Hope for the Best, Prepare for the Worst – How to Prepare Yourself, Your Family, and Your Home for Hurricanes
In September of 2005, Hurricane Rita struck the Gulf Coast, including Southeast Texas, with 120 MPH winds leaving many damaged homes and businesses its wake. Then, in September of 2008, Hurricane Ike hit with almost equal the amount of damage – this time by flooding parts of Southeast Texas with storm surges and water levels that were unheard of in our area. Both storms affected many area residents, destroying homes and property.
It has been almost six years since Hurricane Ike hit and two years since a major Hurricane hit the United States, but it doesn’t mean we are completely “out of the water.” Those of us that were directly affected by the past storms know all too well that preparation is important. We are left a question – How can we be better prepared for the next major storm? With two possible threats – water and wind – How can we ensure we are ready for, well, anything?
Here are some tips to ensure you and your home are prepared to withstand a major weather event:
- Make a home and vehicle emergency kit – Put together a hurricane/extreme weather preparedness kit and include at least one gallon of water per person per day with an extra gallon or two for hygiene and sanitation purposes, a water treatment kit or portable stove for boiling water, non-perishable food items, first aid kit, a portable radio, extra batteries, and flashlights. Your mobile kit should include everything listed above as well as medical supplies, prescription medication, clothing and bedding. During Hurricane season keep your gas tank full and your cell phone charged to avoid the evacuation traffic so you can get out fast.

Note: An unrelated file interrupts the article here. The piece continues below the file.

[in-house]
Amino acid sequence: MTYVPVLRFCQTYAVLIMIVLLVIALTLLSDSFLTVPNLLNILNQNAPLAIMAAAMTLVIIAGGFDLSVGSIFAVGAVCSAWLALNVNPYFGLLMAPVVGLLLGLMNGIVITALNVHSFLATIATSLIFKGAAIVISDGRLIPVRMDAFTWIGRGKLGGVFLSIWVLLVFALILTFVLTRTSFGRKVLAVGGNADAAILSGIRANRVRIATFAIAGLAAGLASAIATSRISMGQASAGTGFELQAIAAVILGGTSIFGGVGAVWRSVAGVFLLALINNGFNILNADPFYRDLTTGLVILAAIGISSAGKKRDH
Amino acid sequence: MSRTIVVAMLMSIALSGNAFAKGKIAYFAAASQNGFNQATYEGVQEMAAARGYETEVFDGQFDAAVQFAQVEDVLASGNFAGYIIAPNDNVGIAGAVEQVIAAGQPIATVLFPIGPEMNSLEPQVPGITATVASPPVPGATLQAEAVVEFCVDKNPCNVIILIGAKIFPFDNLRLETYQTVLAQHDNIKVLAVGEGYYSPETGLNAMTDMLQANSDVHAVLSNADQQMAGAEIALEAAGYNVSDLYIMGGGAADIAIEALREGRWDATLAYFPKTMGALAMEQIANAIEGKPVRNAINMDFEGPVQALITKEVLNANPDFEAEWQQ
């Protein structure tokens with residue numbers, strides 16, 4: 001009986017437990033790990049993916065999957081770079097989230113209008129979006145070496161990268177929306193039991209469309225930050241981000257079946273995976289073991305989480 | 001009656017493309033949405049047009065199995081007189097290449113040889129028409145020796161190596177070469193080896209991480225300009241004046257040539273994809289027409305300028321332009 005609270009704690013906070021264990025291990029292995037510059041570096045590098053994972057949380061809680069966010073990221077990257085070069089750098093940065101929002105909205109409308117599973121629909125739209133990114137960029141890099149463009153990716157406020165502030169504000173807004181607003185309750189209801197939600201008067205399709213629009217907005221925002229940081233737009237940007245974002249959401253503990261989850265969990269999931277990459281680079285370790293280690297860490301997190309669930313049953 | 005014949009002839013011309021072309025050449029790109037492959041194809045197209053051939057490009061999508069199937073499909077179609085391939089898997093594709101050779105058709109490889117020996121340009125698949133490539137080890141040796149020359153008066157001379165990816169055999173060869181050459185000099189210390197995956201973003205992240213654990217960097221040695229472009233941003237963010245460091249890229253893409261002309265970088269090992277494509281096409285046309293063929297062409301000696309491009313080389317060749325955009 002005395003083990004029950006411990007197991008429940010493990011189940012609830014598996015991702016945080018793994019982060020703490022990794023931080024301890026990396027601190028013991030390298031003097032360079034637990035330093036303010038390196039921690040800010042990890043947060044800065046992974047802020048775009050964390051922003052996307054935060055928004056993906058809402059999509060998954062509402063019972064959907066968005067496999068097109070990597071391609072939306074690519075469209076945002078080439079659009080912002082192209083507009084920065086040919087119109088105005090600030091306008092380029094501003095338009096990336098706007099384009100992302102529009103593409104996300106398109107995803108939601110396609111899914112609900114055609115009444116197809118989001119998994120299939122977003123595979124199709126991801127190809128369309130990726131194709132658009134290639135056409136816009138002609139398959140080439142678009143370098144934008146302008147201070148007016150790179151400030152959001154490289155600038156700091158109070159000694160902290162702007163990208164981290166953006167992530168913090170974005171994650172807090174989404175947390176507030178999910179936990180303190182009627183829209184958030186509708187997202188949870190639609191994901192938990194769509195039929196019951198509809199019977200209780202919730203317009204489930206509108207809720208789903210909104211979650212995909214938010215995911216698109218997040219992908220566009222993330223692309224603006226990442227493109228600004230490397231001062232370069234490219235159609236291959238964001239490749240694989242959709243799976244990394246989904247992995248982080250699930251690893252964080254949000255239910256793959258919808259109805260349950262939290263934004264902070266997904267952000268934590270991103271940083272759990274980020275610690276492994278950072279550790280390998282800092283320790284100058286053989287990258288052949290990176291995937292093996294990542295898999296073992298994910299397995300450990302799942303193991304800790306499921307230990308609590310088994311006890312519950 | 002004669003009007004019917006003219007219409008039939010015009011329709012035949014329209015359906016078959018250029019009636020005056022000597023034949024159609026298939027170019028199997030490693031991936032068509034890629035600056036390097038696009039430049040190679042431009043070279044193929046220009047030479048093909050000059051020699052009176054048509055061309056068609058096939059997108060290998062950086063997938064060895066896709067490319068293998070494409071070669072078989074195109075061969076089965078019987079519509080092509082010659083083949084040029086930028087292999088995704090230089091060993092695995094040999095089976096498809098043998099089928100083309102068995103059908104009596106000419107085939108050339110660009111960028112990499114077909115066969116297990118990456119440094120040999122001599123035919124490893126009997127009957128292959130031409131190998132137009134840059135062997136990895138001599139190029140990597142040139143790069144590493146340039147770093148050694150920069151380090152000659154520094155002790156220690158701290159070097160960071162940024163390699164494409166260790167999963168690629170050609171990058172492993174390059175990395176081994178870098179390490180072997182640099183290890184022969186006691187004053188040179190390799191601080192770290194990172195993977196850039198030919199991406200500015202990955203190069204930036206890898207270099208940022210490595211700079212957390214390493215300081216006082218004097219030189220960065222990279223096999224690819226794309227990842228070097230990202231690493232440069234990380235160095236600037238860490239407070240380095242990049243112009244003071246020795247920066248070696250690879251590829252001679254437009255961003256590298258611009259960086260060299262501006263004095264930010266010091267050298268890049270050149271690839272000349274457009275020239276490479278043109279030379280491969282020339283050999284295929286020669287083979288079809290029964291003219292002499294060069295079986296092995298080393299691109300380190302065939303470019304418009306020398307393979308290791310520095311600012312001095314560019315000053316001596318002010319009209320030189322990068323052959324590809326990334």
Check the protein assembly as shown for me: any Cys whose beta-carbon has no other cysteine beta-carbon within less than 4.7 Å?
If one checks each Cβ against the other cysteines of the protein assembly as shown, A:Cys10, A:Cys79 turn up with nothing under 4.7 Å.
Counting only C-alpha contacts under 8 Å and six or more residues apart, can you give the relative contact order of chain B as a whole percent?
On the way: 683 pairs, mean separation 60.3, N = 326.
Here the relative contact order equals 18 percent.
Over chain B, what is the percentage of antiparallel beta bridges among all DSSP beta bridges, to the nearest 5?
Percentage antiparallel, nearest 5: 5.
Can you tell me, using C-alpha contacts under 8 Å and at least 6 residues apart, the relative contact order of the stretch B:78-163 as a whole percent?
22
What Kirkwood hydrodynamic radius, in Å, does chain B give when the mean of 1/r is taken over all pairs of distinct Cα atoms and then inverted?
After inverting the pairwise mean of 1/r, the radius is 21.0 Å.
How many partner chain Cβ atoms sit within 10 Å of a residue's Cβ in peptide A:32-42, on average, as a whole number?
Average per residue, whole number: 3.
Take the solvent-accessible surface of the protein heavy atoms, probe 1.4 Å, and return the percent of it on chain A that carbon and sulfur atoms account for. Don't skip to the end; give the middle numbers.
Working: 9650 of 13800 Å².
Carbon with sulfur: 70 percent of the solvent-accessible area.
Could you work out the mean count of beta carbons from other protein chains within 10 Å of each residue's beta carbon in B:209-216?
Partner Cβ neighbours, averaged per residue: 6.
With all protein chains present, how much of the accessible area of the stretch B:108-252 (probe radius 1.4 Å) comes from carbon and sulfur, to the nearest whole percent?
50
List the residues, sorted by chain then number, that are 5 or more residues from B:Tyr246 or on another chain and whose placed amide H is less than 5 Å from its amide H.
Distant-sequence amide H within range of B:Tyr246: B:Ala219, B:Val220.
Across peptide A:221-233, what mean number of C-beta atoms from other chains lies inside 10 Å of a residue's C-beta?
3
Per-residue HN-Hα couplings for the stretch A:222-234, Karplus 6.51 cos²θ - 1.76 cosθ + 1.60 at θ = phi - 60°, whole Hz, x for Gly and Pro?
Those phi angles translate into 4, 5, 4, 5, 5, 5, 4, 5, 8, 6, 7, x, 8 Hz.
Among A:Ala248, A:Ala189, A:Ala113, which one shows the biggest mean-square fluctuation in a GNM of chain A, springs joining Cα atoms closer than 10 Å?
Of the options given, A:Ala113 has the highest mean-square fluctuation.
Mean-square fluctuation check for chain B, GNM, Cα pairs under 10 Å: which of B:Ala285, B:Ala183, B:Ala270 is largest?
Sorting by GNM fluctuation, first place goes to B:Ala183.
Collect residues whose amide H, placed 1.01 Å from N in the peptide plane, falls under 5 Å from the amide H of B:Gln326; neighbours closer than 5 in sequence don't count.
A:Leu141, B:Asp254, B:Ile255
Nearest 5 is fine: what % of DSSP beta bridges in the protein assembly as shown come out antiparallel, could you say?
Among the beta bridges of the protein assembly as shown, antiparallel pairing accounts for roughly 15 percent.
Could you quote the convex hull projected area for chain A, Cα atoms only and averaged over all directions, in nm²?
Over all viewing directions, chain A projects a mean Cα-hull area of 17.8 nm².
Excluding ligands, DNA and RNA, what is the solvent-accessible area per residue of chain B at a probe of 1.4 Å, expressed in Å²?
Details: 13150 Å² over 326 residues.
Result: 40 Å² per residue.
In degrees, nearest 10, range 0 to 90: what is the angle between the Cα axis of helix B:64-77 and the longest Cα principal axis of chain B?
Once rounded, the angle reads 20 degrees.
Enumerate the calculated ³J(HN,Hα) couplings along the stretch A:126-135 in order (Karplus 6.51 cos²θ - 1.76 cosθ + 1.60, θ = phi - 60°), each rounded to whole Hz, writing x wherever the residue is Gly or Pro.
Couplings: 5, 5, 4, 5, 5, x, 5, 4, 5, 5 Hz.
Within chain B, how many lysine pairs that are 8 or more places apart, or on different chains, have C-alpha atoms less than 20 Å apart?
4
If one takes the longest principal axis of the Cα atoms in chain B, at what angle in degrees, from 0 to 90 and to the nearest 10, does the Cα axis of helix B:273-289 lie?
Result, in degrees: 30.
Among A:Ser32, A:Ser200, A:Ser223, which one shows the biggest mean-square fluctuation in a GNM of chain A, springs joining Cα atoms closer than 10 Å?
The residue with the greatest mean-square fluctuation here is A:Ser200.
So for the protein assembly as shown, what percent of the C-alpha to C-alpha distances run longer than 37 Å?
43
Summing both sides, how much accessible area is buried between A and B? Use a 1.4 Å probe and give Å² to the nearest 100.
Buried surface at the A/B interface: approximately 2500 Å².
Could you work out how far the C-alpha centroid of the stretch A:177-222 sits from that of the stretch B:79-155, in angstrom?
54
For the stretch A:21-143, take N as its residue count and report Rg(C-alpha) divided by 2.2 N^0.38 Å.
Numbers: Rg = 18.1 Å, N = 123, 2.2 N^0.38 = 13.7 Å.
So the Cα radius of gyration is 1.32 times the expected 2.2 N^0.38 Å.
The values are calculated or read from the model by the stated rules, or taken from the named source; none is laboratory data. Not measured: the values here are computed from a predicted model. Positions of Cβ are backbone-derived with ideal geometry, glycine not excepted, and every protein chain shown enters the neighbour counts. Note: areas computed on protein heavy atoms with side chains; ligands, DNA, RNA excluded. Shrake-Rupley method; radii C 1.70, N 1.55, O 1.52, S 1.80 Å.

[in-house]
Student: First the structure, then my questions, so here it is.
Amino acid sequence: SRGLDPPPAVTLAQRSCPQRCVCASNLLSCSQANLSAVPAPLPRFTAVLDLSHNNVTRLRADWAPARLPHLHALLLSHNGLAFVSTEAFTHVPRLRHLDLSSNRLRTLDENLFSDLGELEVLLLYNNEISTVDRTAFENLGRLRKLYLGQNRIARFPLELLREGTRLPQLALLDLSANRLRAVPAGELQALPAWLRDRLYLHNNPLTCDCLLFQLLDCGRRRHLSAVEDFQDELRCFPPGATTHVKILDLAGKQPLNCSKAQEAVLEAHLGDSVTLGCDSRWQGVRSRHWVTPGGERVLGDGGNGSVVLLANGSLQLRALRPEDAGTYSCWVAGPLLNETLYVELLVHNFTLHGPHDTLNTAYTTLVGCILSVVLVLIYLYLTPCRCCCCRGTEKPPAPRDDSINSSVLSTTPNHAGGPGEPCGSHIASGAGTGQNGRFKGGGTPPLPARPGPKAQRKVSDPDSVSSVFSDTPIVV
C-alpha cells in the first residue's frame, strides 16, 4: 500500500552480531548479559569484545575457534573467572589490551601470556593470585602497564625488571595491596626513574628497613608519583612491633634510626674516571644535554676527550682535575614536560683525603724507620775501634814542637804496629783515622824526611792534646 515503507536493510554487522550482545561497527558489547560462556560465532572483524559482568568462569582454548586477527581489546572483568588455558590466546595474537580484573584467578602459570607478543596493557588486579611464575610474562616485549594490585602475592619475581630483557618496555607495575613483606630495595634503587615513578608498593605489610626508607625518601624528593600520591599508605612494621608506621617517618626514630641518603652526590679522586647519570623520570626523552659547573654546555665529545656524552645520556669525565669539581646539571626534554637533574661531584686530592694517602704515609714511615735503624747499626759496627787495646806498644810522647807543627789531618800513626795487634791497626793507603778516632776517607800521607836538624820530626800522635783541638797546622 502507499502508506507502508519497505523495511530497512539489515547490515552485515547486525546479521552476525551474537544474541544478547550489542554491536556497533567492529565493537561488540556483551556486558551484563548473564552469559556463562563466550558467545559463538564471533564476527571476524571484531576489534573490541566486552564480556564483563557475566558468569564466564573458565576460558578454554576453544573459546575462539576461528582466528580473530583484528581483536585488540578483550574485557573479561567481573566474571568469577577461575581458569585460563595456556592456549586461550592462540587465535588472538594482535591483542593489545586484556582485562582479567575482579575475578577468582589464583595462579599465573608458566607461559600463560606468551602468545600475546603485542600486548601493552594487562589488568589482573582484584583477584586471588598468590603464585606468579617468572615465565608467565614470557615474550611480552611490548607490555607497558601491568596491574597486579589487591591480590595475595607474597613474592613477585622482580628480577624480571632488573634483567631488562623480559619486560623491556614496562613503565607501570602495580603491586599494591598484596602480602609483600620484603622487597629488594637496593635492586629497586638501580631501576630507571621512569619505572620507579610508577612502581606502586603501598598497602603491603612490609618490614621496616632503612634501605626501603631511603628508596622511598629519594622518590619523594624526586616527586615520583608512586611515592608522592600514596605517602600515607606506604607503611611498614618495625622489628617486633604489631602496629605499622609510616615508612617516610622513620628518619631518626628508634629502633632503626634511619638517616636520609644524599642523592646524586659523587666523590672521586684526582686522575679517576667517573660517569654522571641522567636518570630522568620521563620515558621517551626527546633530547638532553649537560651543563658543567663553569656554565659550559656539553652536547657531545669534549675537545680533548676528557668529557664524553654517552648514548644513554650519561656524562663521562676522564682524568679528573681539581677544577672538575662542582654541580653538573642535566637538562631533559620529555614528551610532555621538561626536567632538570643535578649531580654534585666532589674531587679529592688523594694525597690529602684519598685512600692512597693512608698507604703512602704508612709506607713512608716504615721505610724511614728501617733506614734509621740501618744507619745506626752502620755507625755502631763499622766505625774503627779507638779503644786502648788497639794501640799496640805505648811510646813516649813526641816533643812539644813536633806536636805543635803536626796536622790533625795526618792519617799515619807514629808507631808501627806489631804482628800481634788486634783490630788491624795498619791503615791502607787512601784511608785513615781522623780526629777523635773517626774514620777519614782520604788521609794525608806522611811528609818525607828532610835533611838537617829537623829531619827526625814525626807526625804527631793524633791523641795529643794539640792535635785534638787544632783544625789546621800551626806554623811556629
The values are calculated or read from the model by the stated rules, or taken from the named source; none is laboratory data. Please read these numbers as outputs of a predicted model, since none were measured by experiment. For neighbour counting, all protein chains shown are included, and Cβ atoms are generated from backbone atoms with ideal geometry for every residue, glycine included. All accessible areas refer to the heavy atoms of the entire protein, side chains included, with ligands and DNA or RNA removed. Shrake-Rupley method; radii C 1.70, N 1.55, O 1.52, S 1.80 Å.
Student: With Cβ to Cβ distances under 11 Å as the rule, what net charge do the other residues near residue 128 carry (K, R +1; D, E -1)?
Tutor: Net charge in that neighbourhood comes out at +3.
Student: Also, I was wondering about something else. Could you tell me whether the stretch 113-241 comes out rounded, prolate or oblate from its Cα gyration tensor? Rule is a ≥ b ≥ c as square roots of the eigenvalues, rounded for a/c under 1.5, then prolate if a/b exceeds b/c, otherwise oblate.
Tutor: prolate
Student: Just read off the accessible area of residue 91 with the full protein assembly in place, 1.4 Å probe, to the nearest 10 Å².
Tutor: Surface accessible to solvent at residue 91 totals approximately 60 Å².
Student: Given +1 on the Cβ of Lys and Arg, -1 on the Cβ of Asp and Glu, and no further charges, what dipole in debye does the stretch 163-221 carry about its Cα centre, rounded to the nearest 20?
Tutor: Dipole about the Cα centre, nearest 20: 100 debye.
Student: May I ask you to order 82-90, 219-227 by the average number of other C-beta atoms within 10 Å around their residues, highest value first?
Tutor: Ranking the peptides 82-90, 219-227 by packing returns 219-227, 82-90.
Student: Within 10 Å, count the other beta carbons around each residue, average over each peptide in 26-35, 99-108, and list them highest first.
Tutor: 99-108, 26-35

- Find out the elevation level of your property and whether the land is in a flood zone. This will help you know how your property will be affected by high water. Make sure you have adequate insurance coverage including flood and windstorm insurance if applicable to your area.
- Secure your property and make sure your windows and doors are covered and secure – do not use tape, it will not prevent your windows from breaking. Hurricane proof shutters or 5/8” exterior grade or marine plywood, or impact resistant glass is your best bet.
- Trim trees and shrubs, secure your roof, and reinforce garage doors, bring all outdoor furniture and other non-secured items inside.
- Install an emergency backup generator. If you’re in an area prone to flooding, look into the elevation regulations for generators to see if you can install it on a raised platform to avoid flood damage.
- During emergency situations wireless cell phone communications can become overloaded – use text messaging to communicate with family and friends. Do not make calls unless absolutely necessary.
- Find out your community’s hurricane response plan and evacuation routes. Compile a list of resources and contact numbers for use in case you need them.
About Cat5 Resources
Cat5 Resources, based in Nederland, TX provides emergency response management, backup power solutions and maintenance services to commercial and industrial businesses nationwide.
Did you know that September is National Preparedness Month? Check out for more information.